It has been eight years since EDF pledged its support to London 2012 by becoming the first commercial partner of the bid at a time few people thought London could win. I have been privileged to be involved from the very start.
It has already been a unique and special experience for all of us involved, but with the Torch Relay underway and our pavilion on the Olympic Park completed ready for the Games, the anticipation and excitement is really building. From the very beginning EDF has recognised the potential for London 2012 to be a catalyst for connecting with people and helping us engage them in doing their bit for a lower carbon future in ways that probably would have been impossible without the Games.
At the heart of our approach is low-carbon electricity and our supply package for the Games. We have guaranteed that for each unit of mains electricity used on the Olympic Park, we will provide a unit generated from low-carbon sources to the national grid. Eighty per cent will come from EDF's existing nuclear fleet, with the remaining 20 per cent coming from renewable generation assets. The point of this is to encourage customers to differentiate between the different sources of electricity production.
We are also using some of London's greatest icons to reinforce this point. We are supplying the EDF Energy London Eye (pictuerd below) and Tower Bridge with electricity matched by units of low-carbon electricity.
One of the high points of our 2012 programme so far came at the end of May, standing at the top of City Hall looking at Tower Bridge and seeing the first of a series of light shows made possible by our project. With our fellow London 2012 partners General Electric (GE), the City of London and the Greater London Authority, we have enabled installation of state of the art energy-efficient LED lighting. The lighting is computer-controlled and will leave a long-term legacy for the City of London while ensuring Tower Bridge can play a starring role in London's celebrations during Games time.
These famous landmarks and some of the main venues on the Olympic Park will also benefit from our real time venue energy monitoring systems. This new technology allows energy managers at these sites to view electricity use at different sites in real time in a way that really brings it to life.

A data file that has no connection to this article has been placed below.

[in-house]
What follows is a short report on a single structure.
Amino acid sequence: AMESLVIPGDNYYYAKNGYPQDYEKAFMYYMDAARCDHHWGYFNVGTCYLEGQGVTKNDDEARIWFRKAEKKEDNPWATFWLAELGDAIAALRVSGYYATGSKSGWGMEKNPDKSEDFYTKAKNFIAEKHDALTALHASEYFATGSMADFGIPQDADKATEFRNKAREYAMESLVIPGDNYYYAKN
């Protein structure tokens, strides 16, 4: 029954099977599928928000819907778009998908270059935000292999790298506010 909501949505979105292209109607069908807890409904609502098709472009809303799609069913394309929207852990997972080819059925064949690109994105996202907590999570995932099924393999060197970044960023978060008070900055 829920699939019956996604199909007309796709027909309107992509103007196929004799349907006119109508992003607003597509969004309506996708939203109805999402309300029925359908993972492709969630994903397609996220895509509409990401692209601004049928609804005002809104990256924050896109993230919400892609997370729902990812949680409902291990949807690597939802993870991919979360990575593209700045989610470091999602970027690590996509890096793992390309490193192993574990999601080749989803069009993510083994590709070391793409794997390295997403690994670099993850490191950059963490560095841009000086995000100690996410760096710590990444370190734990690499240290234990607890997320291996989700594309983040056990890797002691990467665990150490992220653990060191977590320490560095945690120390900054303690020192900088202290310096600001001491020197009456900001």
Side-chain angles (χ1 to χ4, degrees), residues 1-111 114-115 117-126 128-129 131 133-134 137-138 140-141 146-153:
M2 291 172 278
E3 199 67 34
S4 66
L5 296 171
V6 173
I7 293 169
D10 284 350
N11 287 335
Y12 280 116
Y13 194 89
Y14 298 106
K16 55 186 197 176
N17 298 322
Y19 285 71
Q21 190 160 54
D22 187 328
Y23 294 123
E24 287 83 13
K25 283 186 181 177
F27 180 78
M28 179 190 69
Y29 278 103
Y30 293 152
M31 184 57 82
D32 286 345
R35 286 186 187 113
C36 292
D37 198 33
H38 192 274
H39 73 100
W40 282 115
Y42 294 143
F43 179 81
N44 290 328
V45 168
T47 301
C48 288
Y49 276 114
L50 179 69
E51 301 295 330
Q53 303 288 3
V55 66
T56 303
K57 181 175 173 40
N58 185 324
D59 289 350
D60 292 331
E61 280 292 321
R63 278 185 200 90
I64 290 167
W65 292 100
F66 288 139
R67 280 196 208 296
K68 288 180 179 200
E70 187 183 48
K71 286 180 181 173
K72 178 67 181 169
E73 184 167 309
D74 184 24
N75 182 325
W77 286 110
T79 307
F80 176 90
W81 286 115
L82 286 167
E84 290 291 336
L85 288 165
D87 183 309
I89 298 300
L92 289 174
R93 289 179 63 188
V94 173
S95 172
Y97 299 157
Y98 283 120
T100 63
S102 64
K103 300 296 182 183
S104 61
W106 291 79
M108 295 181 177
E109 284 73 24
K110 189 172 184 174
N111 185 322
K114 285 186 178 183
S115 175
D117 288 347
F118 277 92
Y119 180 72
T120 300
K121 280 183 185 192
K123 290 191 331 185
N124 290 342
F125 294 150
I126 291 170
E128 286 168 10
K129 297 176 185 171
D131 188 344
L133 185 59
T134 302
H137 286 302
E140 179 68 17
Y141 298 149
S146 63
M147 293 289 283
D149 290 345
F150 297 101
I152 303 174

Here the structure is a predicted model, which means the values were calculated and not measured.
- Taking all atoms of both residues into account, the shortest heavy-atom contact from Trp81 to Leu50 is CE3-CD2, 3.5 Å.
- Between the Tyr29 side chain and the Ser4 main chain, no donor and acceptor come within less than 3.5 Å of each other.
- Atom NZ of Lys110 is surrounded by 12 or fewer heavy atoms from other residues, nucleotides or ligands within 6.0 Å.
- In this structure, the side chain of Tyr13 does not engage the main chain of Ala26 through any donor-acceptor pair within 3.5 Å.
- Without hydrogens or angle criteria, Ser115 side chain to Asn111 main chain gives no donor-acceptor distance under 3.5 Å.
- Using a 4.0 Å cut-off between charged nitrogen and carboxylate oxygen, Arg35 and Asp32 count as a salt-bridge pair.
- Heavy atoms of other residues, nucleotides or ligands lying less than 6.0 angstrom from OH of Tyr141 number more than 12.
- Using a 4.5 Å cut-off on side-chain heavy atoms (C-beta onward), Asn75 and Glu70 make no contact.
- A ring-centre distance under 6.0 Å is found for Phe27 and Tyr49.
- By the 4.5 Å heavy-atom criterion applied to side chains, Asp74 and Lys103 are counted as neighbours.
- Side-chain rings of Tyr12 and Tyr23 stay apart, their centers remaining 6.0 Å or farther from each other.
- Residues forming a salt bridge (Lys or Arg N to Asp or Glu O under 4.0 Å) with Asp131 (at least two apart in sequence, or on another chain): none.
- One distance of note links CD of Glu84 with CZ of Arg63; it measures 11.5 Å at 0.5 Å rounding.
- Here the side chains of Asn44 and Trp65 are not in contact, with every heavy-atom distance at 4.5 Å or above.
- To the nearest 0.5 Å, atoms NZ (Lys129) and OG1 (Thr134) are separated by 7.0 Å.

The idea of showing how the intelligent use of technology can help us all take control of our energy use is behind some other things we are doing for the Games.
For example, EDF is working with Transport for London, LOCOG, GE and BMW to install 120 new charging points (pictured above) to support the electric cars that will be in the Olympic car fleet. The EDF R&D team provided the technical guidance on how the new systems could be set up without destabilising local electricity networks. As part of the project we have simultaneously charged 40 vehicles in a single location, which is the largest trial we have ever seen anywhere in the world. Our experience in this will certainly help with the roll out of electric vehicles for fleet use in the future and the new charging points will stay in legacy.
Achieving our goal of using our association with London 2012 to help tackle climate change also means encouraging people to change how they use energy. Back in 2009 we launched Team Green Britain (pictured below): a community galvanised to work together to help the environment by taking personal action to reduce their carbon footprint. We now have over one million members.
Our nationwide programme for Greener Schools, The Pod, part of London 2012's Get Set programme, has been a huge success. Since the initiative was launched in 2008, 6.5 million schoolchildren have used resources from the programme. With so many involved we are leaving a whole generation of young people who are better informed about sustainability.
However, the Games is first and foremost about sport. The EDF Community Rowing Challenge provided 40 pupils from schools in East London with training from top-class coaches and former athletes, culminating in a race on the Olympic course at Dorney Lake. It was a pleasure to see the passion of the young people who took part and to witness their inspiration by Olympic rowing legend Sir Steve Redgrave and London 2012 medal hopeful Katherine Grainger. As well as sporting proficiencies these youngsters have taken away skills in areas such as teamwork and communication which will serve them well in future.
EDF has been working closely with the British Paralympic Association over the past two years to help it become a greener team. This has focused on reducing the carbon footprint of ParalympicsGB's preparation camp in Bath, with last year's event becoming the first of its kind to be accredited by the Council for Responsible Sport. We also made ParalympicsGB our charity partner and our employees, supported by match-funding from the company, have so far raised £400,000.
It's been a busy, rewarding time for my team and our colleagues from across the EDF Group in the United Kingdom and internationally. With the Games upon us, we are now getting ready for the time of our lives, and to put our hard work and planning to the test.
But the work won't finish when the curtain comes down on the Games. Many of our projects support a positive legacy of sustainability and we are focused on making sure that London 2012 will continue to be a catalyst for a lower carbon future even when our project ends.
Gareth Wynn is the London 2012 programme director for EDF Energy, the Official Electricity Supplier and Official Partner of London 2012.